Ibm's Corporate Culture

Topics: IBM, Herman Hollerith, Tabulating machine Pages: 9 (2862 words) Published: November 2, 2008
IBM’s Corporate Culture

Table of Contents
Abstract1
Roots1
Company1
Culture2
Culture3
Impact3
Managed4
Results4
Troubles4
Wake Up Call5
Refocus and Restore6
Company6
Customer6
Stakeholder7
Employee7
Atmosphere8
Results8
Summary9
References10

Abstract
This is an analysis of the culture at IBM and the impact that it has had on their success. Corporate culture is significant in that it “influences the behavior of everyone within an organization and, if carefully crafted, can have a significant positive effect on organizational success” (Certo and Certo, 2006, p. 423). Louis Gerstner proved this at IBM during his tenure from 1993 to 2002 when he revived IBM by refocusing on their culture. Roots

Company
The International Business Machines (IBM) Corporation can be traced all the way back to the late 19th century. The U.S. population was experiencing explosive growth. The U.S. Census Bureau realized that manual-counting methods could no longer fulfill its constitutional obligations, so they sponsored a contest to find a more efficient way of tabulating census data. The contest was won by Herman Hollerith, the son of a German immigrant and a statistician for the Census Bureau. Hollerith is generally regarded as the father of the modern computer for his invention of a tabulating machine that used electric current to sense and interpret the location of holes in punch cards and keep a running total of the data. With the success of his tabulating machine, Herman Hollerith founded the Tabulating Machine Company in 1896 (Wikipedia - Hollerith, 2006). Fifteen years later, renowned businessman Charles R. Flint brought together Hollerith’s company, along with the International Time Recording Company and the Computing Scale Company to form the Computing-Tabulating-Recording Company (IBM Highlights, 2001, p. 6). Thomas J. Watson, a former executive of the National Cash Register Company, was hired by the board of the Computing-Tabulating-Recording Company to be its General Manager in 1914. Watson felt that the name of his company should reflect the global vision that he had for it, so in 1924 he changed the company’s name to the International Business Machines (IBM) Corporation. Culture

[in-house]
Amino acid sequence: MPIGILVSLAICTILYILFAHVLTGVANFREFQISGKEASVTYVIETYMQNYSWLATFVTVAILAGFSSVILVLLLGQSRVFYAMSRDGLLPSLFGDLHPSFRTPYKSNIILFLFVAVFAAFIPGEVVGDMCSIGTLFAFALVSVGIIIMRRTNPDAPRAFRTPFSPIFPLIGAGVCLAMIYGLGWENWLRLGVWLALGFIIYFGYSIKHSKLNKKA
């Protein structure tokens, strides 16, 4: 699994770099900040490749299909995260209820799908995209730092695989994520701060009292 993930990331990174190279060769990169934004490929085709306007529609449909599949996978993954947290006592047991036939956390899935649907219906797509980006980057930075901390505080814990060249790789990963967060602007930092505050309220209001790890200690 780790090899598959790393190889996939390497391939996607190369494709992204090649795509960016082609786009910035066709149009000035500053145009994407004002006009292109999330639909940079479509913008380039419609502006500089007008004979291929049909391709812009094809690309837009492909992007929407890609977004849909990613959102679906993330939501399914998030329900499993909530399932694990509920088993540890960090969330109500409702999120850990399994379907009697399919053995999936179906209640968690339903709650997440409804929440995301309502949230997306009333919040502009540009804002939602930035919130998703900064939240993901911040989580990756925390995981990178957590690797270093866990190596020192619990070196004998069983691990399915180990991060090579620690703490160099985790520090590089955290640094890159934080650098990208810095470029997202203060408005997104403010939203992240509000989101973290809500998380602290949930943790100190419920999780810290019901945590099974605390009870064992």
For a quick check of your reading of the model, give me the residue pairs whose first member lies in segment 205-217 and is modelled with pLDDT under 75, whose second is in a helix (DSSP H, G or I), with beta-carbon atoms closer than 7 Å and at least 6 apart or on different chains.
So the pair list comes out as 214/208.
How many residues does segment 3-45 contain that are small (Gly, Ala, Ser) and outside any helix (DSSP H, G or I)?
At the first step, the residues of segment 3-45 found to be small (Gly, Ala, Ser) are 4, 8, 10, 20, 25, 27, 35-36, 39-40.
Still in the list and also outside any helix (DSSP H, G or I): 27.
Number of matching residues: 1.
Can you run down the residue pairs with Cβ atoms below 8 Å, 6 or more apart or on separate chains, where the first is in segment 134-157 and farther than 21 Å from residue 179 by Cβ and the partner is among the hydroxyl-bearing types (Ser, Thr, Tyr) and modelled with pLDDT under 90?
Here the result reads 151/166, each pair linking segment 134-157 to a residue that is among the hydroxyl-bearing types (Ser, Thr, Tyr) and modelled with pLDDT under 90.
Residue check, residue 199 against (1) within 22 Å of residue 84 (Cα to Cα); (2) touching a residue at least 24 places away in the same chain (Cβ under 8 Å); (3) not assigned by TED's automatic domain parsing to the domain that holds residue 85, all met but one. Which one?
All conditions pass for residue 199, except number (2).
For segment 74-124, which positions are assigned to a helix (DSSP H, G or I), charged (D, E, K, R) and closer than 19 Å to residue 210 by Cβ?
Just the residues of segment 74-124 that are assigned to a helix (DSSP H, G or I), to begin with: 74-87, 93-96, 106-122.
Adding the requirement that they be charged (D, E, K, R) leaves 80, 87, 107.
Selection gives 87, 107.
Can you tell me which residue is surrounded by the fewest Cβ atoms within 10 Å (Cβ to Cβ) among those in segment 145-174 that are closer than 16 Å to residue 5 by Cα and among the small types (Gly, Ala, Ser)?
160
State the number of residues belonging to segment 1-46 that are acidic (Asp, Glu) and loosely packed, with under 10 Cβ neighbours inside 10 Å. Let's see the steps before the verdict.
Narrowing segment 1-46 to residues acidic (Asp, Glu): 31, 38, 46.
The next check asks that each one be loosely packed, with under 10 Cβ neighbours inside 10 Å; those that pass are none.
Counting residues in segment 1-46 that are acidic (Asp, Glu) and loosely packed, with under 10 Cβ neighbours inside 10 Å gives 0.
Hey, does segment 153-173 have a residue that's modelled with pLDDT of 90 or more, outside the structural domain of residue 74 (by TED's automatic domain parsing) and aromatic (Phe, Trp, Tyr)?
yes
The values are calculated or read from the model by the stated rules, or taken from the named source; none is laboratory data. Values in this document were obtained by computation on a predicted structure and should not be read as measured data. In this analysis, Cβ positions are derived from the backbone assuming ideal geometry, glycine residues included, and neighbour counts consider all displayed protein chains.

Thomas J. Watson was a natural leader and had a passion for winning in the marketplace, but he also placed a high value on fairness, honesty, integrity, and moral character. Watson firmly believed that in order to be successful, his employees had to be well trained, well dressed, and feel good about themselves and their organization. To help promote an image of success, Watson established a strict dress code and encouraged the writing and singing of songs about IBM’s products and employees (Pugh, 1995, p. 35). Drawing from his personal sales experience, he also implemented a series of effective business tactics such as generous sales incentives, a focus on customer service, and an evangelical fervor for instilling company pride and loyalty in every worker. Many of Watson’s personal failures and successes were incorporated into the attitudes and policies that he instilled throughout the IBM Company. Watson was fired from his first sales job because his horse, buggy, and the sewing machines that he was selling were stolen while he was in a bar celebrating. That incident led to Watson’s ban on alcohol at all IBM functions and meetings. His marketing success and conviction on anti-trust charges (later overturned) while with the National Cash Register Company, led to the formation of a marketing force that was passionate about the IBM company and its products, but fair in all of its dealings with customers. IBM employees were never allowed to disparage a competitor or its products. Thomas Watson’s philosophy can be summed up in what came to be known as the three basic beliefs of IBM (Rogers, 1986, p. 10): 1.The individual must be respected,

2.The customer must be given the best possible...

References: Certo, S. C., & Certo, S. T. (2006) Modern Management. Upper Saddle River, NJ: Pearson Education, Inc.
Deutschman, Alan. (March 2005) Building a better skunk works: in a bold effort to nurture new businesses, IBM is putting its best and brightest in charge of its risky startups. In Fast Company, p. 68(6). Retrieved May 12, 2006, from, InfoTrac Custom Military and Intelligence Database via Thomson Gale: http://find.galegroup.com/ips/infomark.do?&contentSet=IAC-Documents&type=retrieve&tabID=T002&prodId=IPS&docId=A128246119&source=gale&userGroupName=rand36623&version=1.0.
IBM Highlights, 1885-1969. (2001) Retrieved 12 May 2006, from, http://www-03.ibm.com/ibm/history/documents/pdf/1885-1969.pdf.
Lessons from ... Who Says Elephants Can 't Dance? (Brief Article). (April 2004) In Fast Company, p. 95(1). Retrieved May 12, 2006, from InfoTrac Custom Military and Intelligence Database via Thomson Gale: http://find.galegroup.com/ips/infomark.do?&contentSet=IAC-Documents&type=retrieve&tabID=T002&prodId=IPS&docId=A114476067&source=gale&userGroupName=rand36623&version=1.0.
Pugh, Emerson W. (1995) Building IBM: Shaping an Industry and Its Technology. Cambridge, MA: The MIT Press.
Rodgers, B. & Shook, R. (1986) The IBM Way: Insights into the World’s Most Successful Marketing Organization. New York, NY: Harper and Row.
Time. (n.d.) Retrieved 11 May 2006, from, http://www.time.com/time/digital/digital50/18.html.
Wikipedia – Hollerith. (2006) Retrieved 12 May 2006, from, http://en.wikipedia.org/wiki/Hollerith.
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